Blogs & Comment

Reading the markets

My disdain for recommendations aside, the right book or two might help.

(Photo: Tim Macpherson)

The last time I recommended a book was in August of 2010, when I made a passing reference to the Canadian Securities Course. And it was also several years ago that I suggested you take a look at a book on statistics written by a University of Toronto math professor. So, despite financial publishers sending me a ton of books on the market, recommendations are something I rarely make here.

My reasoning is relatively simple: most of the books on the market that I’ve read or been sent are simplistic. They tend to be biased, promoting one point of view: that mutual funds are the answer, or that a particular strategy is the answer. Most of the remaining books are so academic that there is a greater danger, in me recommending them, of turning the reader off than inspiring them to learn more.

Take mutual funds, for example. In Canada alone there are over 5,000 of them, so finding the right one for you is a difficult task indeed, especially for the do-it-yourselfer. Going beyond that to find the right combination of funds, without too much cross-representation among the chosen funds, geometrically complicates the task. I’m not against mutual funds, but I haven’t seen a book that would help in this regard, so I have no mutual fund books to recommend.

On the other hand, books that promote a particular strategy only work when they are applied to selected historical periods in the market, periods which, naturally, these books use to demonstrate their point. However, in my three decades of experience coupled with reading about markets before my time, the only strategy that I see standing the test of time is to buy solid blue chip dividend-paying stocks from diverse industries, hold them for the long term, and diversify them properly with a judicious allocation to bonds and cash. But you don’t need a book to tell you that.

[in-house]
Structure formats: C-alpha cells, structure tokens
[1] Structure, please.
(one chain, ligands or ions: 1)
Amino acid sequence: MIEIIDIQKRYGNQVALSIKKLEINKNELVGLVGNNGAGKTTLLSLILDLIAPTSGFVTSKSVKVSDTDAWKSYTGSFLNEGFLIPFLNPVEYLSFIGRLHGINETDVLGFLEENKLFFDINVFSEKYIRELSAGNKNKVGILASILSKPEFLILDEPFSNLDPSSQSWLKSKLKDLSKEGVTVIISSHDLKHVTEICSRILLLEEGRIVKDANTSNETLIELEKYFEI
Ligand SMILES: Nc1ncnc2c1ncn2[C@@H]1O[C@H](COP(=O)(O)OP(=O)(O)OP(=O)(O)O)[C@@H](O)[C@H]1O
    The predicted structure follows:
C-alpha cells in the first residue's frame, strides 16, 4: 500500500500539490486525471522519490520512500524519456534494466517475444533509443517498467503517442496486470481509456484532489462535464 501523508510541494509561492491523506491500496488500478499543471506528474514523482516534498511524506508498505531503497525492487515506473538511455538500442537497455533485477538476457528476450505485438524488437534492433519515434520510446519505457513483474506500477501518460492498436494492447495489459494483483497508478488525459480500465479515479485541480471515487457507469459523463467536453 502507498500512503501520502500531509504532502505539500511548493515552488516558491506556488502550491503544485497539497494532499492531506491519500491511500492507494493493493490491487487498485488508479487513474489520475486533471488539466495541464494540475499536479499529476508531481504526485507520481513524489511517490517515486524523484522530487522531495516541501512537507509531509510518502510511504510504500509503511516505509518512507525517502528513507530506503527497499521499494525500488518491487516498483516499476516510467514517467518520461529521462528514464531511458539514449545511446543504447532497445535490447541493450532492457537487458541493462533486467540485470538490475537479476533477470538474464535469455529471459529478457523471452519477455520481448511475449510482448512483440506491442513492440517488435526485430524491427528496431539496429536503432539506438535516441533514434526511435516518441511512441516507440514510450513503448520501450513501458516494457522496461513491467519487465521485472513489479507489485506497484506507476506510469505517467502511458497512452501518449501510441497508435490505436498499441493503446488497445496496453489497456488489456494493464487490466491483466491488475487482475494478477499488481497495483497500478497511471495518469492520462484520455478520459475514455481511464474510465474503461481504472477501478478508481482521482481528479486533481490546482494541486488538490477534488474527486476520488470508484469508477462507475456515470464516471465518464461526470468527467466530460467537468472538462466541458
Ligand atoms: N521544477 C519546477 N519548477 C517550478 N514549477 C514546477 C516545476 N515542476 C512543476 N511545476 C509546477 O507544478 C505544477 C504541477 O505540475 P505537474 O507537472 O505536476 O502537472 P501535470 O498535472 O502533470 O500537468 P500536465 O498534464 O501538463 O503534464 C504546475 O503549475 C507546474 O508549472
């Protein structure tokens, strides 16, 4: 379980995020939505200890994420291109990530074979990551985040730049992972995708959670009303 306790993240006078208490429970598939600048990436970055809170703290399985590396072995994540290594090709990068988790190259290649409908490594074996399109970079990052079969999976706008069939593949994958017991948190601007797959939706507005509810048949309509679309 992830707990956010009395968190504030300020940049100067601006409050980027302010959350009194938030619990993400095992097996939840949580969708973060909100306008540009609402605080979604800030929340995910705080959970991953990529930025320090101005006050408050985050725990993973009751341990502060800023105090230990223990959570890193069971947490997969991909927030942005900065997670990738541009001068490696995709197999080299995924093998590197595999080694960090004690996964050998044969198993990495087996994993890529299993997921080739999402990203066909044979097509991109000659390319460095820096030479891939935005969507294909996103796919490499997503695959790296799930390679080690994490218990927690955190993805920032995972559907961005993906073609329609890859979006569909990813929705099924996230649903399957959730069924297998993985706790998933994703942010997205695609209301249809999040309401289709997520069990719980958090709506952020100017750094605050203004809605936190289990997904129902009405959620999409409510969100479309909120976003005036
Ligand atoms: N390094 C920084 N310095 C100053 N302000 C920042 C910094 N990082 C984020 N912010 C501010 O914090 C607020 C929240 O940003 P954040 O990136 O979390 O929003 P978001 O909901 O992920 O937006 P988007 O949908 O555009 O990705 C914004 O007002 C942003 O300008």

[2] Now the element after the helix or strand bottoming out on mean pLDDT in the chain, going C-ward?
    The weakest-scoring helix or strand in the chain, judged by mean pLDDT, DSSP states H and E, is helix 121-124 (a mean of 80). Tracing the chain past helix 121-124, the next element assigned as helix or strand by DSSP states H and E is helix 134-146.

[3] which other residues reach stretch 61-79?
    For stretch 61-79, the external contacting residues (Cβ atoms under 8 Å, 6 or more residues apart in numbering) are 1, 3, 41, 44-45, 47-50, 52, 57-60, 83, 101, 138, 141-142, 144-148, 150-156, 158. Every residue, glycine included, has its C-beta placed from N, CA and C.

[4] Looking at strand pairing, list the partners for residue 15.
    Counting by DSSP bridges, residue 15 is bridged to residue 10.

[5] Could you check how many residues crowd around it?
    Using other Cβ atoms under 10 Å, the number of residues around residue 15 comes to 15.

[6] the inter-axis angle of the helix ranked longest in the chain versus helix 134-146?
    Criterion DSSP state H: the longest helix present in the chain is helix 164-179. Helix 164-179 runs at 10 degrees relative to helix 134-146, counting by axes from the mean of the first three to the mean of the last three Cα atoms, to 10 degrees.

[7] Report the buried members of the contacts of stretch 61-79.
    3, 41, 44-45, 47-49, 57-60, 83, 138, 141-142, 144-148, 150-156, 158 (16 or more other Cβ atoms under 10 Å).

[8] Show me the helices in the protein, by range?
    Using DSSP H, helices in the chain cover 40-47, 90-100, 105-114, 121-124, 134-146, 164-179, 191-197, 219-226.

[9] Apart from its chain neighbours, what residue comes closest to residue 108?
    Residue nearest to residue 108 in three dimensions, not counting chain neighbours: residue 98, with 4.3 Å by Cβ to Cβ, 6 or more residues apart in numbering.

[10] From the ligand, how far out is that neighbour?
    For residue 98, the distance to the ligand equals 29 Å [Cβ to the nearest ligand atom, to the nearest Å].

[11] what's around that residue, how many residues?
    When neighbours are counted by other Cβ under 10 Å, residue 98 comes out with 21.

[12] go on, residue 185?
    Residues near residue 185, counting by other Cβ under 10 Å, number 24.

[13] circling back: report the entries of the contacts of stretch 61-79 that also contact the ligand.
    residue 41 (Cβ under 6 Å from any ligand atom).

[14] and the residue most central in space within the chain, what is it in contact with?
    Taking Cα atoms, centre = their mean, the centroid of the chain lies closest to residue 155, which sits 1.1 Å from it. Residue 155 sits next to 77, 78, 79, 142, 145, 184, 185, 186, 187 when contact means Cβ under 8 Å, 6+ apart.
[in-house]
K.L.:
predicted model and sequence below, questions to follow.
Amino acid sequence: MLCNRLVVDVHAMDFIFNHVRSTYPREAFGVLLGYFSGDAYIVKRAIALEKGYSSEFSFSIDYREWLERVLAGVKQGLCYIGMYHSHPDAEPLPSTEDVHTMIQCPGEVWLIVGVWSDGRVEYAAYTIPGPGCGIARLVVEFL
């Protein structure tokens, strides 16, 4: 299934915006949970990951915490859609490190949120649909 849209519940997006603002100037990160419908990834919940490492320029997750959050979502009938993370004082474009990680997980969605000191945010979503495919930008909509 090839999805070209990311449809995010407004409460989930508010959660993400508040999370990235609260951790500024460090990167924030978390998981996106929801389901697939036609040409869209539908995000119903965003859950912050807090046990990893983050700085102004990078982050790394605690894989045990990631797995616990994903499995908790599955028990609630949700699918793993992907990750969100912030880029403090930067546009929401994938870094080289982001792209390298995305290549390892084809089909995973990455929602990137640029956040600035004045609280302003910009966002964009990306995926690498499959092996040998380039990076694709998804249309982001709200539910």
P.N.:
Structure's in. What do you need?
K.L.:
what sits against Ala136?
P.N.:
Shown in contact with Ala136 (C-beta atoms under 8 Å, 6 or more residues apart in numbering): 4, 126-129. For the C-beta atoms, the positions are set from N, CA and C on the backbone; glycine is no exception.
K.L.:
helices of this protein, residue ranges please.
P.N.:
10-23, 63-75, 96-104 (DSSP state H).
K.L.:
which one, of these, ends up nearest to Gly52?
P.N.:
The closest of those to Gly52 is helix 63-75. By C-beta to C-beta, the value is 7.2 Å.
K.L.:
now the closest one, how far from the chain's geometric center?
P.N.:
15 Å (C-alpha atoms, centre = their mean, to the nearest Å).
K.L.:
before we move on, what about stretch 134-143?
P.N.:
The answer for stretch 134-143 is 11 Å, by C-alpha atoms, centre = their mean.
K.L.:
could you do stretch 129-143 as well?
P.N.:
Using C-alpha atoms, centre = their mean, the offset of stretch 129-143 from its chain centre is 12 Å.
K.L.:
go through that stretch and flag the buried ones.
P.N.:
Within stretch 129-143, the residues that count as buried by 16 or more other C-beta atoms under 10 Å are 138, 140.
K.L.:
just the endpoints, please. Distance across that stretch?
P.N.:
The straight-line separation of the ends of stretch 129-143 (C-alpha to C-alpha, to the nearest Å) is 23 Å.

Of course, I do advocate that you read, and I read literature voraciously myself, because I believe it promotes critical thinking, which is eminently useful in making rational investment decisions.

I still recommend you try the Canadian Securities Course, even if you just sign up for it, read the text, and never write the exam. This text is without bias toward one product or strategy, and provides a good blend between being easy to understand while also providing the basics of the academics behind proper investing. Read more in my August 7, 2008 column “Know what they know.”

At the same time, understanding the market is far more than understanding its products and mechanisms. You need to have a read on the world we live in today. In my mind, with the global market economy being both pervasive and here to stay, it’s even more important to understand not just world events, but trends in those events. In short, what’s happening in the big picture. That can be invaluable in understanding and spotting investment trends.

To that end, I would recommend a book by Mario Vargas Llosa, who won the 2011 Nobel Prize for Literature. El lenguaje de la passion (The Language of Passion) is a collection of essays discussing his take on the state of the world. You don’t have to agree with his view, but it will certainly boost your critical thinking skills. And that can only help make you a better investor.